Source: Courtesy of Helsinki International Film Festival


Katja Gauriloff’s Je’vida, the first feature to be made in the Skolt Sami language was awarded the best fiction project award at the Finnish Film Affair (FFA) in Helsinki this week.

The film is now in post-production and tells a very personal story of a woman forced to assimilate into a culture that is not her own and abandon her own language and culture. Gauriloff, who is of Skolt Sami heritage, said the story is based on the experiences of her mother, growing up post-war Finland. The film is shot in black-and-white and the clips shown at FFA drew favourable comparisons from industry delegates to Pawel Pawlikowski’s Cold War.

It is Gauriloff’s second ficiton feature following Baby Jane in 2019.  Je’vida is produced by Joonas Berghäll of Finland’s Oktober.

The FFA fiction jury was comprised of Jason Gutierrez, programmer at Tribeca Film Festival, Eleonora Pesci, acquisitions executive at Curzon, and Claire Willats, director of film Nordics at Netflix. They said of Je’vida: The winning project is a story that needs to be told, with real potential to become relatable globally. The presentation and cinematography felt personal, beautiful and visually striking.”

The jury also presented an award for best Nordic project to Icelandic director Helena Stefáns Magneudóttir’s Natatorium, a dramatic thriller about a family matriarch and the secrets she keeps, that is now in production. Denmark’s Level K swooped for international rights to the film that is produced by Sunna Guðnadóttir of Bjartsýn Films, Julia Elomäki of Tekele Productions, and Heather Millard of Silfurskjár.

The FFA jury said of Natatorium: “This is an intriguing project that we’d love to follow and explore more. Despite having just started filming, the film already feels like it has a distinctive, atmospheric voice and a style that grabbed our attention.”

The FFA prize for best documentary project was awarded to Mohamed El Aboudi’s The Last Chapter, about a three immigrants to Finland from Africa as they enter old age and contemplate issues of family, identity and support. It is produced by Kirsi Mattila.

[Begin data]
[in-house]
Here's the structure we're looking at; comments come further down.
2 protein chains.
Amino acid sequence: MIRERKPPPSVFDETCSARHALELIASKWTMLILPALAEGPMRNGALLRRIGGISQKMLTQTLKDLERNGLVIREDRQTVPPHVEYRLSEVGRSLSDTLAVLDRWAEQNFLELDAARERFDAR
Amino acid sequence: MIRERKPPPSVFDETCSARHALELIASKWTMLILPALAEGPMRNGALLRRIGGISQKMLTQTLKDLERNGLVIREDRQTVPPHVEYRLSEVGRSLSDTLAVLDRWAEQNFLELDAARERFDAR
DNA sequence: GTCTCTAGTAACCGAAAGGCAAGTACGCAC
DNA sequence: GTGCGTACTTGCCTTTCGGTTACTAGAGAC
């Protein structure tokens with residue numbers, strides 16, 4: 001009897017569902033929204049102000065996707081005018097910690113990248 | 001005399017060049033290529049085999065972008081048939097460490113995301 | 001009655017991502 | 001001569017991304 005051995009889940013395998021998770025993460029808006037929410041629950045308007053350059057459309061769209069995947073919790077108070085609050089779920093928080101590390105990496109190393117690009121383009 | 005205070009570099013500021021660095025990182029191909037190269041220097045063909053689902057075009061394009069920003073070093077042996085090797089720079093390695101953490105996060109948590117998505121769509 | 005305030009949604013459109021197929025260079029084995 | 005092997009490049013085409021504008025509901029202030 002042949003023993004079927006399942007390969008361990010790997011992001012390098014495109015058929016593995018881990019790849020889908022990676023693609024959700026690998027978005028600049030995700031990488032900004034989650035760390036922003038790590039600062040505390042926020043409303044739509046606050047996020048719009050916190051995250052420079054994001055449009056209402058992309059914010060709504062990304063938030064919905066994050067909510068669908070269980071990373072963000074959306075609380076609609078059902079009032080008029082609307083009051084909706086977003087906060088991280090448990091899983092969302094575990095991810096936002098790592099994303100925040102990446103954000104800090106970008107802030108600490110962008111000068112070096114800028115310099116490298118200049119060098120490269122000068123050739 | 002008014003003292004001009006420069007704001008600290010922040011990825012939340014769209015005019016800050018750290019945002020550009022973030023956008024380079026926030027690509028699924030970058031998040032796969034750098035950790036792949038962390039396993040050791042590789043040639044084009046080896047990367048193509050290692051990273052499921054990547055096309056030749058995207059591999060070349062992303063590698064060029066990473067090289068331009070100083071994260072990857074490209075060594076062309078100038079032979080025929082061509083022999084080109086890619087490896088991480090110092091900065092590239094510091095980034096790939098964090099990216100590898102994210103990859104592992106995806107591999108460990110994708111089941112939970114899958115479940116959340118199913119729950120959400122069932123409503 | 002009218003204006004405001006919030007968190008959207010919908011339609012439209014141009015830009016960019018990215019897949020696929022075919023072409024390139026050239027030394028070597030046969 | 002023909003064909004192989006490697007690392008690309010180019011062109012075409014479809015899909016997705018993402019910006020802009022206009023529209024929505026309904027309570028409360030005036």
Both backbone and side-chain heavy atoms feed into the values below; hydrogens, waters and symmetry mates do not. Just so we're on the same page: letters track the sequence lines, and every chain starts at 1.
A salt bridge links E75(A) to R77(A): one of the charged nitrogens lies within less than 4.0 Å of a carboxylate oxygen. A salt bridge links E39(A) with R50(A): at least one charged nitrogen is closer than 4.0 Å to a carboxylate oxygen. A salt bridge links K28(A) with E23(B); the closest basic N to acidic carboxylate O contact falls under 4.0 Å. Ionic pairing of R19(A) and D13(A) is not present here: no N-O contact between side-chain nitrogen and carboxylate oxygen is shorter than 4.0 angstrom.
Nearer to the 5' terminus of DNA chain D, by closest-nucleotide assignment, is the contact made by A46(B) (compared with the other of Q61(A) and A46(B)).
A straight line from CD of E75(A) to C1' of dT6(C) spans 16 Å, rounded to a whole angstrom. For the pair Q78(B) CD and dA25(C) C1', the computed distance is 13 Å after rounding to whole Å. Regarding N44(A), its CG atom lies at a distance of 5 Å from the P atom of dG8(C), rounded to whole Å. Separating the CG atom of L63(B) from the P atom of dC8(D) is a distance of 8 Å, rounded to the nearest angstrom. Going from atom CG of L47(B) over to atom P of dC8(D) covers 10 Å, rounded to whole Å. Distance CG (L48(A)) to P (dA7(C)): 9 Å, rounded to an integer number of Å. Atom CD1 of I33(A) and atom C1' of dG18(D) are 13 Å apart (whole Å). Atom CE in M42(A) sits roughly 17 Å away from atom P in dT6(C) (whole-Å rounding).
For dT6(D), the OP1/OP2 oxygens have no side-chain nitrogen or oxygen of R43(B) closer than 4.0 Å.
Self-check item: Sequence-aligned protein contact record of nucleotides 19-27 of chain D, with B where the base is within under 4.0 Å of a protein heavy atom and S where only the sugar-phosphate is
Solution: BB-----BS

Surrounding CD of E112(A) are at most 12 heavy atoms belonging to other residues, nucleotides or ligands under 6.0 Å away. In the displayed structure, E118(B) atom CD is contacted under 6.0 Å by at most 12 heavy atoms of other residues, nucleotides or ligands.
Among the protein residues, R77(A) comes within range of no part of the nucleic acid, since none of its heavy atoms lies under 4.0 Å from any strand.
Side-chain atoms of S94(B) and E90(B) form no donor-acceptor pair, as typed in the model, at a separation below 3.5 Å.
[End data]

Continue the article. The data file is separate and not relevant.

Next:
The doc jury, comprised of Pierre-Alexis Chevit, head of Cannes Docs at Cannes’ Marché du Film, Poppy McAlister, sales manager at TVF International, and Shane Smith, artistic director at Hot Docs, said of The Last Chapter: “The project tackles complex and universal questions that will become more and more relevant, and haven’t been touched before. The jury felt the creative intention of the director very strongly and believes this award can help the project realise its potential.” 

Each FFA award is worth €3,000, and is sponsored by Finnish Film Foundation, Konstsamfundet and AVEK respectively, with the prize going towards the project’s international marketing (best fiction and Nordic) or making an international trailer (best documentary).

The 11th edition of FFA was the biggest to date, with 500 guests from 22 countries. “Compared to our last non-hybrid edition in 2019, we’ve had a 25% increase in attendance. It really shows the strength and appeal of both the local industry and our event,” said Maria Pirkkalainen, head of Finnish Film Affair & Nordic Flair.

Hot projects

Further Nordic projects to pique the interest of international attendees included Christian Arhoff’s Danish romantic comedy Viktor Vs The World, about a man sheltered from the world by his mother who ventures to look for his father in the city. It is produced by Robin Hounisen and Daniel Muhlendorph of Hyaene Film and is now in the edit suite. 

From Finland, two features appealing to upscale older female audiences went down well: Selma Vilhunen’s Four Little Adults, about a woman who tries to navigate her husband’s affair by suggesting a open marriage, which is produced by Vilhunen’s own Tuffi Films and now in post; and Pamela Tola’s The Worst Idea Ever, which probes the issue of difficult friendships by portraying two women, one keen to hang on theri childhood bond, the other ready to move on and marry. It is produced by Helsinki Filmi with Aurora Studios. 

In development, Chili Love was a well-liked pitch from Finnish director Jojo Erhotlz and producer Nina Laurio of Dionysos Films. The romantic drama is set against the backdrop of an international chili master competition and will tell the story of a woman looking to find her tribe among fellow chili-growing enthusiasts.

Thea Hvistendahl’s Handling The Undead, about an odd day in Oslo when the dead return to their families, stars Renate Reinsve and Anders Danielsen LIe, has already sold to Neon for the US and the UK via TrustNordisk and is expected to be a festival contender in 2023. 

Finnish documentary pitches of note included Aira Vehaskari’s Impossible Mardi Gras, about staging the legendary New Orleans Mardi Gras during the challenges of the Covid-19 lockdown, produced by Napafilms, and Arto Halonen’s In The Ballpark Of Finland, about two Black American basketball players who moved to Finland for their careers and brought up their sons as Black Finnish-Americans. It is produced by Helsinki’s Art Films Productions.